It was now into 1937 and I had still attended my First Aid lectures at Cheltenham followed by National Competition in London and Bristol. I had now passed try examination for promotion at Cheltenham and I was still hoping, instead the Chief who had promised me promotion had retired and the Supt I was then under moved elsewhere, and on the 1st January 1938 I was transferred to Cheltenham to take charge of a growing district at Prestbury. The parishioners at Twyning presented me with a gold watch suitably inscribed and it says from his friends upon leaving Twyning. I think this was one of the last presentations to be made to a Police Officer leaving a district or otherwise because the Chief Constable issued an order forbidding such presentations.
I took charge of Prestbury which has a population of about 6,000 and the building was developing very rapid. My station consisted of 3 bedrooms, sitting room at the front, a dining room cum guard room and a fairly large back kitchen which boasted a large stone built boiler and a range. I knocked the boiler down and installed a gas boiler. There was no bathroom although we were well off as regards electric light, sanitary arrangements, water
etc. My first application was for a bathroom and considering the house was built in 1896 and police officers had lived in it all the time, it was about time something was done about it and I had three boys. The application was granted and I had a bathroom where the coal house was and they built me another coal house. The telephone was in the wall and you could imagine having to get out of a warm bed to answer the phone on a frosty night
downstairs. Another application and I was able to have another phone alongside the bed, what a difference all these things made to comfort of the house.
It was now 1939 and war was imminent and that meant getting my special Constables list up to date and getting them fitted out with their appointments etc. There were about 14 Special Constables attached to my station. They were made up from all walks of life, rich men and poor men. War was declared which entailed a lot of extra work, beside receiving Air Raid warnings and passing it on to other posts. A section of S.C.s reported for duty every night and they used my back kitchen for their room but it wasn’t long before I found them a room across the way where they could be on call and on their own which I think was better for all concerned. Air Raid warnings were coming very frequent now and it is about time that I mentioned my wife because if ever a lady deserved a medal she did. All the time I was on duty she would take over duties at the Station for no reward or payment from the Police Force, which I think was very unfair.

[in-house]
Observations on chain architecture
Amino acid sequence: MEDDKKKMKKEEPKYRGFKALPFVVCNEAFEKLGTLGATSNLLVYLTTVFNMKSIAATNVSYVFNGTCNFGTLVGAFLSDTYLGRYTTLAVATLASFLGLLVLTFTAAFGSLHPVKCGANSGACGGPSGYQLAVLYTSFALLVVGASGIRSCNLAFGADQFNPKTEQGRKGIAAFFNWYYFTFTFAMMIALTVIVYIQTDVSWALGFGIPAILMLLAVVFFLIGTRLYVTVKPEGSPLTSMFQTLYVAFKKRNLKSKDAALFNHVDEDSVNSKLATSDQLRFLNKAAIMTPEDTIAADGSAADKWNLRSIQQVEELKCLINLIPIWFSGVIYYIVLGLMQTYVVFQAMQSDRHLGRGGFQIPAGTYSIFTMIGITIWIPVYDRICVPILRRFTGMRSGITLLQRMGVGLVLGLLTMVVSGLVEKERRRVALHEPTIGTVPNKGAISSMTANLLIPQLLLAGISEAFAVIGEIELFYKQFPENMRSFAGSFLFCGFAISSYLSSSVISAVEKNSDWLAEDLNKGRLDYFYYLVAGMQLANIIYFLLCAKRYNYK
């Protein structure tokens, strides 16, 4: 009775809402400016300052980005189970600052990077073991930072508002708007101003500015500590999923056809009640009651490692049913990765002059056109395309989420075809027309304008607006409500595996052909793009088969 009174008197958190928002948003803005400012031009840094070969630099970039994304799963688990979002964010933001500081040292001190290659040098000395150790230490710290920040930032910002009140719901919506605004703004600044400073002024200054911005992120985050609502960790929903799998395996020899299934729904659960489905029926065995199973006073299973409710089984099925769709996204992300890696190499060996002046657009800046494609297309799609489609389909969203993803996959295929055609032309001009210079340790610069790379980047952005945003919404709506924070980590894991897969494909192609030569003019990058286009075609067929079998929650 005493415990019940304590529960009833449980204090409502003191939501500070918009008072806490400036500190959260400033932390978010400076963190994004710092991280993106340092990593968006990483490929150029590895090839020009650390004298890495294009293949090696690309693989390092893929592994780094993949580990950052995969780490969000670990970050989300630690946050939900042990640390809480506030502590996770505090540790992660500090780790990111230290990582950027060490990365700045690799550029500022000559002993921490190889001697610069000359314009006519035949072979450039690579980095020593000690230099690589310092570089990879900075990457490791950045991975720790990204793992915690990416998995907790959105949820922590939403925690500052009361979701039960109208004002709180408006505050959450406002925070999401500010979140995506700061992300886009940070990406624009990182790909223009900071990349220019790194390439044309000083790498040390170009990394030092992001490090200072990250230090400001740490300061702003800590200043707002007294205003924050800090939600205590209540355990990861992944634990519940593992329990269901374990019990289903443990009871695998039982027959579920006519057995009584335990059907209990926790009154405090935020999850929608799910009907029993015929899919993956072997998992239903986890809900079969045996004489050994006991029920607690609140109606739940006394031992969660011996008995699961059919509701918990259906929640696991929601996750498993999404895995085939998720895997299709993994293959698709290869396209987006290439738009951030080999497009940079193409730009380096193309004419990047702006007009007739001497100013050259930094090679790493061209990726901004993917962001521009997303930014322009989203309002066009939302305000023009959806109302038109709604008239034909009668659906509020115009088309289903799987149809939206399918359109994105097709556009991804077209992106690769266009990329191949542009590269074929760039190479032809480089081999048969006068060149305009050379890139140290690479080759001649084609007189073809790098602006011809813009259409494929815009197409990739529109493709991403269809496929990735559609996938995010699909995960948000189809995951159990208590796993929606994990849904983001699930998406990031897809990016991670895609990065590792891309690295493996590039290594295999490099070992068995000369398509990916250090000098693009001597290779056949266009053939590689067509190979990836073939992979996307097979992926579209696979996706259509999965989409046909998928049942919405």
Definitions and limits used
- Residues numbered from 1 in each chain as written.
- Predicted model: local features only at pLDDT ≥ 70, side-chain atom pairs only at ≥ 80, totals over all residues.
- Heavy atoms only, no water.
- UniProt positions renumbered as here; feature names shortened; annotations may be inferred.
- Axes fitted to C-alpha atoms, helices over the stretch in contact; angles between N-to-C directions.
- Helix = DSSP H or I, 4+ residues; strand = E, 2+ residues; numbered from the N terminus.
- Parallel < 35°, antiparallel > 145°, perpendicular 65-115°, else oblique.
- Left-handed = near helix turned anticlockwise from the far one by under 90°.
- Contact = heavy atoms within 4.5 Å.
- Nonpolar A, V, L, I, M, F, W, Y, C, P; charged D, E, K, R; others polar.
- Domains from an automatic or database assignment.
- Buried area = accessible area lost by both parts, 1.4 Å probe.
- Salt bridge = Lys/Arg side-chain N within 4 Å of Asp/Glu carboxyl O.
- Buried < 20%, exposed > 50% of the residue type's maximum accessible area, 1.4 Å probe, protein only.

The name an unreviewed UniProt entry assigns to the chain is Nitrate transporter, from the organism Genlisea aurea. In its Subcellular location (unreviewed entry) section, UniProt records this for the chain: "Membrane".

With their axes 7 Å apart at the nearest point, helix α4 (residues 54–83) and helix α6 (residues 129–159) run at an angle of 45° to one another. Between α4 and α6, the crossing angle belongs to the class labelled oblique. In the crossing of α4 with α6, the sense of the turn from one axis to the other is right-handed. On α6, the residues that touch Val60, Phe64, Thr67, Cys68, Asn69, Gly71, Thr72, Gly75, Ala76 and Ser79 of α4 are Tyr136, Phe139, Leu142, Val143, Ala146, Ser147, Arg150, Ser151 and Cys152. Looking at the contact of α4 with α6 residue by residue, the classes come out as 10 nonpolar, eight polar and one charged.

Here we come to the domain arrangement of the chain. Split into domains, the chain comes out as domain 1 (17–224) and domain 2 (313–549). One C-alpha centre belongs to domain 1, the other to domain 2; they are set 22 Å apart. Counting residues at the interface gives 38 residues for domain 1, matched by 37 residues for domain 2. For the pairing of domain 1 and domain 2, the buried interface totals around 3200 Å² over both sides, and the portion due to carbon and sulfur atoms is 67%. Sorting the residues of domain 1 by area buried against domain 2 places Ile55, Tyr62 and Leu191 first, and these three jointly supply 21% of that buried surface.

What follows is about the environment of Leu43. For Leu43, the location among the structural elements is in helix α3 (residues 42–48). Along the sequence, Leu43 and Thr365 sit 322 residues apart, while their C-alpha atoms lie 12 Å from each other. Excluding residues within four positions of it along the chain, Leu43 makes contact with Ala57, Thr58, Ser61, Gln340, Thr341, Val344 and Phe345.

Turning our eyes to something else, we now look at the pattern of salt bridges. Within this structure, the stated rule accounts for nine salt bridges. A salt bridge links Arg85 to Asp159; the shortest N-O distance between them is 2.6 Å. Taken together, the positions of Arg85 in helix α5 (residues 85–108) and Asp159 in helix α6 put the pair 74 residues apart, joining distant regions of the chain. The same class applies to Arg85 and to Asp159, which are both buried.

I won’t go into detail but during the war there was 1 500lb dropped in a field about ½ mile from the station also 200 incendiary and 2 oil bombs but thank goodness there was no damage to property or person. The hole made by the 500lb bomb fell into safe ground and the depth of the hole was approx. 40 feet by about 20 feet and caused a fair amount of damage to dwelling house in the working class district and causing 23 deaths. Also the Gas works and a factory was hit. When Bristol was being raided I was lent out with about 20 other officers from the County to give them help. I was there for 5 days and luck was with me there, as I caught a man looting and warehouse breaking. He was tried at Bristol Quarter Sessions which meant I had 1 or 2 trips to Bristol. The man got a month and I got a Public thanks from the chairman of the Quarter Sessions and a commendation from my Chief Constable. I returned home to my own station and resumed duty and very thankful I was too after the upheaval at Bristol and my wife having to take charge of the station during my absence.
It wasn’t long before I had to go to Bath to help out there where they too had been hit pretty bad, also to Filton for a couple of days where a bomb hit a shelter with about 120 persons in it. They were all killed. They were let lie where they had been killed and buried and I believe a memorial was erected over the spot.